TVD Live: Salad Days Documentary Party, Night One at the Black Cat, 12/28

Seems I’m taking my life in my hands writing this review of the Salad Days Party at the Black Cat featuring legendary DC bands Black Market Baby, Dag Nasty, and Kingface. Why? Because as legend (or more accurately the Black Market Baby website) would have it, back in the day BMB singer Boyd Farrell went to Yesterday and Today Records to beat up a critic who gave his then band, the Snitch, a bad review. But I’m going to be honest and take my chances. I’m no coward. Besides, I plan to take an extended trip to an unnamed Southeast Asian location immediately upon finishing this review.

The show on December 28th was for a worthy cause: all three bands reunited to play the first of a two-night benefit for Scott Crawford’s documentary film Salad Days: The DC Punk Revolution, which is scheduled for a 2013 release. (The next night’s show featured Scream, Government Issue, and Youth Brigade.) Both sold-out shows offered middle-aged punks who were getting head-booted in the mosh pit during the big bad Reagan years the chance to get head-booted in the mosh pit again, or more likely to stand sedately in the background and watch their sentimental favorites perform live one more time.

Me, I was the ghost at the banquet, having never seen any of these bands. Around the time straightedge began to take hold, rumors began to circulate about kids in DC swatting beers out of people’s hands. While Boston’s SS Decontrol, in DC to prove that imbecilism can travel, was partly responsible, such behavior was also indulged in by DC straightedgers. My friends and I didn’t give a fig who was responsible; all we knew was that nothing was quite so contrary to our every sacred belief as a perfectly good beer gone to waste. It was like kicking Mother Teresa in the groin. So we decided to stick to the City of Brotherly Love, where Mikey Wild (look him up) was the most dangerous punk in town.

But as a result of my embargo on DC, I missed out on a lot of great bands. Such as the punk outfit Black Market Baby. Formed in 1980, they could play it fast and hard–check out their V2-speed cover of “Just Like All the Others (You’re a Motherfucker)”–or slow things down like they do on the excellent “This Year’s Prophet.” And unlike their hardcore brethren, the guys in Black Market Baby were smartasses, not tight asses. Proof lies in the sarcastic “Nobody Wanted Us,” the band’s defiant fuck you to being written off by the straightedgers then appearing on the scene. Ditto “World at War,” which I find superior to Fear’s “Let’s Have a War.”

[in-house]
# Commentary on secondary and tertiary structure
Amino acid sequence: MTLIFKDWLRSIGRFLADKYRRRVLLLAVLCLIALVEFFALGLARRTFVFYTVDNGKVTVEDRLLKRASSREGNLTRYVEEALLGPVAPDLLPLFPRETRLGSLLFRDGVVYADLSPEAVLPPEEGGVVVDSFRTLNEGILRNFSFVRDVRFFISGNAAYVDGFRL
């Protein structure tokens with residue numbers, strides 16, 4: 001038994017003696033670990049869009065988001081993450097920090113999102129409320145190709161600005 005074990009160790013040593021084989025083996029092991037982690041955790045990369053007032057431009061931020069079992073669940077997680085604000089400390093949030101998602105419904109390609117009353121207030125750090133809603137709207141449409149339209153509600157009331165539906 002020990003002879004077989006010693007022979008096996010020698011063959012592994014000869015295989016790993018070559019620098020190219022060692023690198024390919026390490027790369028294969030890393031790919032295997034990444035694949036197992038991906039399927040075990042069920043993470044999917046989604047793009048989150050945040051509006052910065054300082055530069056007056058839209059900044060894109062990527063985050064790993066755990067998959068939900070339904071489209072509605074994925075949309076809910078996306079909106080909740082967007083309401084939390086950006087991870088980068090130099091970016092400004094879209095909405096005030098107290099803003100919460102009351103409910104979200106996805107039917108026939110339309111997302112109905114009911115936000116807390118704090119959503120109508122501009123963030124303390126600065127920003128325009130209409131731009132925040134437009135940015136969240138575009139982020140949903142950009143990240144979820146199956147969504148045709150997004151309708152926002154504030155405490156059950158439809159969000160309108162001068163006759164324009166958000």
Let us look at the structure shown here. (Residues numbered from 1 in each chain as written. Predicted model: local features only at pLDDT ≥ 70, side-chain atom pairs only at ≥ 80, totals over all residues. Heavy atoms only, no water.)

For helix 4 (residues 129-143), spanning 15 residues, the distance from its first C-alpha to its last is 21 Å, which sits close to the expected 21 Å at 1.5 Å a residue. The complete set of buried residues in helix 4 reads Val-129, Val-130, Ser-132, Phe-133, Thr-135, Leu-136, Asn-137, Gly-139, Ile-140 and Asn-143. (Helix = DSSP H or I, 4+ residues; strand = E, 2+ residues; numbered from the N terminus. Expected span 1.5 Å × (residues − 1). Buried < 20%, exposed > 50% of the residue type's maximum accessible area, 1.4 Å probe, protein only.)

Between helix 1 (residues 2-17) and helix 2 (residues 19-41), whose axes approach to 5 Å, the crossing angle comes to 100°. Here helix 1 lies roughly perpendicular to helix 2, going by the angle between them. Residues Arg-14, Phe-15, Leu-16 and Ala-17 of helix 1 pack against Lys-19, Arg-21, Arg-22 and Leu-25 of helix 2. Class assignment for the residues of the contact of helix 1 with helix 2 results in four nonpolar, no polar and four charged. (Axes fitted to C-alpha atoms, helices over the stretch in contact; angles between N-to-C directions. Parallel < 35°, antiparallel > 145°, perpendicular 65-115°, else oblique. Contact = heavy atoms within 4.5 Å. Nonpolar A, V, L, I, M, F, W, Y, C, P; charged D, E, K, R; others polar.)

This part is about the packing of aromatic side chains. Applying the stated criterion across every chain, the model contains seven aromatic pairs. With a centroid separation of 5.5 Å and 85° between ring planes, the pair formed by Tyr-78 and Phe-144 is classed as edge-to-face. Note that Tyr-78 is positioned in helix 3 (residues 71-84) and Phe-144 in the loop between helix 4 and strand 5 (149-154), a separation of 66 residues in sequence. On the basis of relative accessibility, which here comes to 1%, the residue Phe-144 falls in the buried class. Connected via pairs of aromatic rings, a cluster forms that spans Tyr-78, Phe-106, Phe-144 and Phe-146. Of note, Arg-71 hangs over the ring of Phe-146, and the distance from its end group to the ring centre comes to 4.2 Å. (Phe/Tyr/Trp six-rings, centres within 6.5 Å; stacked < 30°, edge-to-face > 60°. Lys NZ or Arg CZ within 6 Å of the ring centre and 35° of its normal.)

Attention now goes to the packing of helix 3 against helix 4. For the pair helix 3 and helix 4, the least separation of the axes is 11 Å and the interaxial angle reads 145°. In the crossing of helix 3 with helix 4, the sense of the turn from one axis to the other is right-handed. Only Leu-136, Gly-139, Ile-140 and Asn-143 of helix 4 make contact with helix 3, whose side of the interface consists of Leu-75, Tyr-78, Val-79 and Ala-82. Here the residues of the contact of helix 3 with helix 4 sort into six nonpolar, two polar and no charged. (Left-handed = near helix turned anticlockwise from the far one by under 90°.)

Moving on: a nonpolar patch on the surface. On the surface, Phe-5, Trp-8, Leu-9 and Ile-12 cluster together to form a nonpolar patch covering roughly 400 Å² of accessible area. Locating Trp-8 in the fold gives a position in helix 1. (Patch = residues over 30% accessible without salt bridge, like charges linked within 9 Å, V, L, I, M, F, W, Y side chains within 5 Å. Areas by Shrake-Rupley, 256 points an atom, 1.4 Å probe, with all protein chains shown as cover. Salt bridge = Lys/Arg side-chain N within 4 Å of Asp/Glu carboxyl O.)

Unfortunately the band—their line-up at the Black Cat was Boyd Farrell on vocals, Jimmy Swope (replacing Keith Campbell at the last minute) on guitar, Mike Dolfi on bass, and Tommy Carr on drums—only released one album, Senseless Offerings (featuring such great songs as “Downward Christian Soldiers” and “White Boy Funeral”) before calling it a day in 1988. Luckily, though, a compilation, Coulda Woulda Shoulda, came out in 2006. Black Market Baby reformed in 1993 to do the occasional gig and some recording, then broke up again in 1997.

Of the bands on the bill, Dag Nasty alone achieved commercial success. Their 1986 debut, Can I Say–which the band let be known in advance they planned to play in its entirety at the show–was surprisingly tuneful for harDCore. But singer Dave Smalley was still capable of producing the strident vocals known to induce slamdancing in lab rats. I’ve never been a hardcore fan: too monotonous except in a live context, and as my pal Arthur Noll notes, there’s no sex in it. But I’ll make an exception for the frenzied “Justification,” the anthemic “Under Your Influence” (aren’t songs advocating teetotalism so quaint?) and the swaggering “Values Here,” the title of which would make a great slogan for WalMart.